tales of domesticity and childhood.
A niche along with Willa Cather,
Rebecca West, May Sinclair, and
others of that ilk awaits her when
she writes a sustained novel of
ilk* clarity.
The tale of “The Homemaker” is
of an executive woman and a quiet
retiring man misfit in their re
spective roles of homemaker and
breadwinner. Through adventitious
circumstance they retverse their
jobs to the well-being of all con
cerned. It’s interesting reading, for
the . author is too experienced a
craftsman not to accomplish that.
And wl>eii she writes of the chil
dren) Stephen, Helen and Edward,
then Indeed jt is as one who knows.
The picture of battered little Ste
phen as . he gaies adoringly into
hW father’# I eyes, is- one which
every; parent will read with a wee
ruttfh In the^ throat. Helen in her
reticent girlhood, rlqh in latent
potentialities, is a pastel done in
softest colors of spring a-tip-toe.
Do you suppose anybody ever
gets caught up in the reading he
intends to do? Alas, 1 fear it’s like
my darning basket—‘‘Hopeless!” A
book like Carl Van Doren’s “Many
Minds," (Knopf) is just a teaser.
He writes for instance of E. W.
Howe editor of Howe's Monthly,
and says, "He has the depth and the
Intensity as well as the edge of
genius.” Now what reader is there,
with any red blood in his veins,
who doesn’t itch to subscribe
forthwith to said Monthly if only to
About Gorillas.
About the only time a gorilla will
attack is In defense of its young.
They are then extremely dangerous.
A gorilla is so powerful that he
makes short work of a man if he gets
hold of him. usually tearing his
windpipe out.
Gorillas are very cunning. They
throw sentries out during the day
time; these sentries are relieved at
regular intervals with clock-like pre,
ctslon, and I have seen huge boulder*
worn as smooth as a piece of glass
and polished as If by varnish from
the continual tread of t r. tries
a» the same boulder.
see if Mr. Van Doren is right?
Even the index page is enticing,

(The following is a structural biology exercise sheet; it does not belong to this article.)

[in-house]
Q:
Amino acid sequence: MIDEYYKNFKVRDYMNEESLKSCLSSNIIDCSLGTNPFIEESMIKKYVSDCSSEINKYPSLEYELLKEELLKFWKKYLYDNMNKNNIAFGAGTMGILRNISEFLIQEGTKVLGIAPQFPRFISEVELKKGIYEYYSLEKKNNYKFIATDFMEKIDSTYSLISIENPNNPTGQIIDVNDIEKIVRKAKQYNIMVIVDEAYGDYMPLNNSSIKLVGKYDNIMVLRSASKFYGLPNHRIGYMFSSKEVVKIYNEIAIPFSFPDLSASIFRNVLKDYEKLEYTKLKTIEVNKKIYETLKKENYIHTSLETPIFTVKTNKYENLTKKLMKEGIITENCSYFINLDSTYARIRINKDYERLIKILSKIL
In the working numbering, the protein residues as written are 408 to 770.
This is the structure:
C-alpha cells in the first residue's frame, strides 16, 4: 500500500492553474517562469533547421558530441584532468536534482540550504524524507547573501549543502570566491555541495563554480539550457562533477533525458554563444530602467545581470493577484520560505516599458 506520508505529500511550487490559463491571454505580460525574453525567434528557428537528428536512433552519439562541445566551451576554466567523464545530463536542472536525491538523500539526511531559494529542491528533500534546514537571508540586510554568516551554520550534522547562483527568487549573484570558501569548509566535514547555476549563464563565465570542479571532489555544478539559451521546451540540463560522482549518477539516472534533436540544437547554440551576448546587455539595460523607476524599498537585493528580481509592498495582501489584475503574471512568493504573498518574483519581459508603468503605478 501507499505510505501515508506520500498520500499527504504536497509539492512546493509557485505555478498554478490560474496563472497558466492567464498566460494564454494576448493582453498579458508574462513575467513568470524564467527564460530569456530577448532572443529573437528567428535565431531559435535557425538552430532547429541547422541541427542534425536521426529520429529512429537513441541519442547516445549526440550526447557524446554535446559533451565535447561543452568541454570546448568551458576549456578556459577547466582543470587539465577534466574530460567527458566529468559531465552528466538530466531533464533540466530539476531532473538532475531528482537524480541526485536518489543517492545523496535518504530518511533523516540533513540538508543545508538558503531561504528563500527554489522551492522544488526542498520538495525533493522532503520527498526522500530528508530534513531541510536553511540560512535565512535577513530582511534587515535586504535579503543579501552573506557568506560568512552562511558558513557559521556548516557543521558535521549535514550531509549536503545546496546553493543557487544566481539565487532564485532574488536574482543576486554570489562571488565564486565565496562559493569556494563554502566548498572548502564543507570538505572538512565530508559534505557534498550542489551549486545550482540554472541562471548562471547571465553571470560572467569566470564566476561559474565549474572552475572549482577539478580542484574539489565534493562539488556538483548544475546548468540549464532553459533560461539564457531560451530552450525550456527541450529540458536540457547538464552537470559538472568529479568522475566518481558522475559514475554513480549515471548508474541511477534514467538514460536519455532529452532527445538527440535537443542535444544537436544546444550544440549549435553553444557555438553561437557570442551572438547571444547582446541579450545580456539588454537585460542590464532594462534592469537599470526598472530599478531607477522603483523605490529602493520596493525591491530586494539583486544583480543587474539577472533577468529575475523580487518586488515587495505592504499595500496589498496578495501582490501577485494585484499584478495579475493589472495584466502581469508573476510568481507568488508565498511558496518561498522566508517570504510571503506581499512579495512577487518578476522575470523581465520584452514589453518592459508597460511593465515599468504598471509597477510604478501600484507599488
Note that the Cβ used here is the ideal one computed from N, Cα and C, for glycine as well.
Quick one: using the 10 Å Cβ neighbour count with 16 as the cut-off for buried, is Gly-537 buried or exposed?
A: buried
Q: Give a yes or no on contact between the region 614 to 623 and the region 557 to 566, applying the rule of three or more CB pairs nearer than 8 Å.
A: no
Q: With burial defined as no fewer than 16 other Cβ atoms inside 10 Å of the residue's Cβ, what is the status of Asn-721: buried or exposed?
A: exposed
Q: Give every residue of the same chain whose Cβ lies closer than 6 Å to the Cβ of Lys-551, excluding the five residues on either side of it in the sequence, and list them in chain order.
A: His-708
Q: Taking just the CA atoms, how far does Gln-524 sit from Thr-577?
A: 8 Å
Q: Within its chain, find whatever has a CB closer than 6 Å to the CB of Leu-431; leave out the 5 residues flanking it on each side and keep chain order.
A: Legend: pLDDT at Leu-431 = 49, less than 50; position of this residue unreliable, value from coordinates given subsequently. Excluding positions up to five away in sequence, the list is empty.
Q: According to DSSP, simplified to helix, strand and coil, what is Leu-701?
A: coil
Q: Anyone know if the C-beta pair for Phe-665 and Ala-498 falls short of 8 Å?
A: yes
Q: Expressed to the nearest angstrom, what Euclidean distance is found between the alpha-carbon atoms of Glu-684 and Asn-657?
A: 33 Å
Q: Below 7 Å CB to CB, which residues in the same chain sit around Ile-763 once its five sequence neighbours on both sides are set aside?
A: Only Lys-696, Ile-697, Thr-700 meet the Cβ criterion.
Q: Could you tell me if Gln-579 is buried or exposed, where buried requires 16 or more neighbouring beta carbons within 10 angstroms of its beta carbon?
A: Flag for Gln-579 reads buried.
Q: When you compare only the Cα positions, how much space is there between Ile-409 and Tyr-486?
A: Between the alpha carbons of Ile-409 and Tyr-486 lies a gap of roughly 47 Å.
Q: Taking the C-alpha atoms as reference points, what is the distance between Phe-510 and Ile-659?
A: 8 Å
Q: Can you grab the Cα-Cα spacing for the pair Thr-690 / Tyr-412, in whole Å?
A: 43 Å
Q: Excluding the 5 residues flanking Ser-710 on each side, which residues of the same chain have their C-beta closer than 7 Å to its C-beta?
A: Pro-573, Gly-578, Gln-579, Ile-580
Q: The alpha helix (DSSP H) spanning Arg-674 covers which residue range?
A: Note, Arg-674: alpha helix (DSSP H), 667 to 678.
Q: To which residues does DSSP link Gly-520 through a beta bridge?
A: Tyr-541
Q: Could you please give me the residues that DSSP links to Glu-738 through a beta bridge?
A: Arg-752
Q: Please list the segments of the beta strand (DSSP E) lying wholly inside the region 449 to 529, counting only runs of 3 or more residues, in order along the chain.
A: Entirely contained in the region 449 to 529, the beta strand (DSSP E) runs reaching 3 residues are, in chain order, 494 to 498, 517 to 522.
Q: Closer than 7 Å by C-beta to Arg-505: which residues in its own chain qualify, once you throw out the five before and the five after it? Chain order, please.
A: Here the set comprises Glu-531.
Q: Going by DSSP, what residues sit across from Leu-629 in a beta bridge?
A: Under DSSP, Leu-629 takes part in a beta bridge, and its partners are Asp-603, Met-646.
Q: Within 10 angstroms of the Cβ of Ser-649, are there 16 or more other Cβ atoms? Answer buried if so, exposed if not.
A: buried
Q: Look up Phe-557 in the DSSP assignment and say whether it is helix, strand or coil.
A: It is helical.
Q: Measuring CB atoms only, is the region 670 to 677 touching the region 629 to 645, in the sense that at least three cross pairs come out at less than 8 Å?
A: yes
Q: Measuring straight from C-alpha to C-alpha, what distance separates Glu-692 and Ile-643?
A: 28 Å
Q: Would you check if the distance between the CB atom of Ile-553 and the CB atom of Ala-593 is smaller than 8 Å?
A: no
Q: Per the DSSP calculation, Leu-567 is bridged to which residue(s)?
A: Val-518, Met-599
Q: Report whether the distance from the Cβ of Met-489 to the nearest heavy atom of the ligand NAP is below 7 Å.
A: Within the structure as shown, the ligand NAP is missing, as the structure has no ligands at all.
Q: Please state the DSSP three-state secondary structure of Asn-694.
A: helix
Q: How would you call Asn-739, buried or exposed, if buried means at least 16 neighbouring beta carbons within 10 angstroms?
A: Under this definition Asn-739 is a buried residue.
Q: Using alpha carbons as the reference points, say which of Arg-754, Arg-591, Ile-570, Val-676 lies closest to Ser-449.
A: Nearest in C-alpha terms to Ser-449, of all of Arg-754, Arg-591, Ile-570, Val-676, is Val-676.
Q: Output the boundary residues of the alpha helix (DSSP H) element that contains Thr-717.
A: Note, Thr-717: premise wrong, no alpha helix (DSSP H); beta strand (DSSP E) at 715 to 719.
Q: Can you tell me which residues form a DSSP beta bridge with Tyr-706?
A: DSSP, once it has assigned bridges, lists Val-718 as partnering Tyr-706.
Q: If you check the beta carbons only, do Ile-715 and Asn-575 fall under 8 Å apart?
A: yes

for he writes essays on Old Wisdom
in a New Tongue: George Ade;
The Soil of the Puritans: Robert
Frost; Youth and Wings: Edna St.
Vincent Milley; Smartness and
Light: H. L. Menecken; Beyond
Grammar: Ring Lardner—to men
tion a few of the titles at random.
The book doesn’t attempt to be
inclusive. But it does give a criti
cal study of a few of our contem
porary American authors with a
delightful and unpedagogie open
mindedness. Some critics seem to
be afraid that if they are apprecia
ting they will be thought undis
criminatlng but he finds signifi
cance and worth in both Santa
yana and George Ade.
“Oh, Christmas is coming tra-la,
tra-la,” already my little 3-year-old
daughter is warbling, and already^*'
have I decided on one Christmas
present. For my friend who rubs
her salad bowl with garlic, wl o im
ports tomato sauce from Italy, who
grinds her coffee fresh for each
meal, who discourses knowingly on
wines suitable to the fish course,
etc. (surely you have such a friend),
for such an one I have chosen Eliz
abeth Robbins Pennell’s A Guide to
the Greedy, J. B. Lippincott. It is
a collection s' of newspaper articles
first published in the late nineties
in Lond/rh when she and "J”, whom
I jud^e to be Joseph Pennell, the
etcher, were there.
£he gives menus for “An Autumn
i,-inner,” “A Perfect Breakfast.” She
writes with gusto of soup in France,
the salad of Hungary, the orange of
Jaffa. Other titles are “The Incom
parable Onion,” “The Triumphant
Tomato." It is with finesse she
writes, a delicate appreciation of
the good things of the table that
makes eating an art. She doesn't
demean her text by anything so
utilitarian as a recipe reading “A
tablespoon of flour.” but she vag»ely
hints of just the thing that will
make the onion indeed incomparable.
On second thought I don’t believe
1 will give the book away. I believe
I'll keep it and mystify my neigh
bors with my palate tickling arts.
The Current Magazines
Just recently I heard that standby
of small town winter Lyceum Cours
es—the Mason Jubilee Singers,
colored, and for that reason was
particularly Interested in the work
of Countee P. Cullen, the negro poet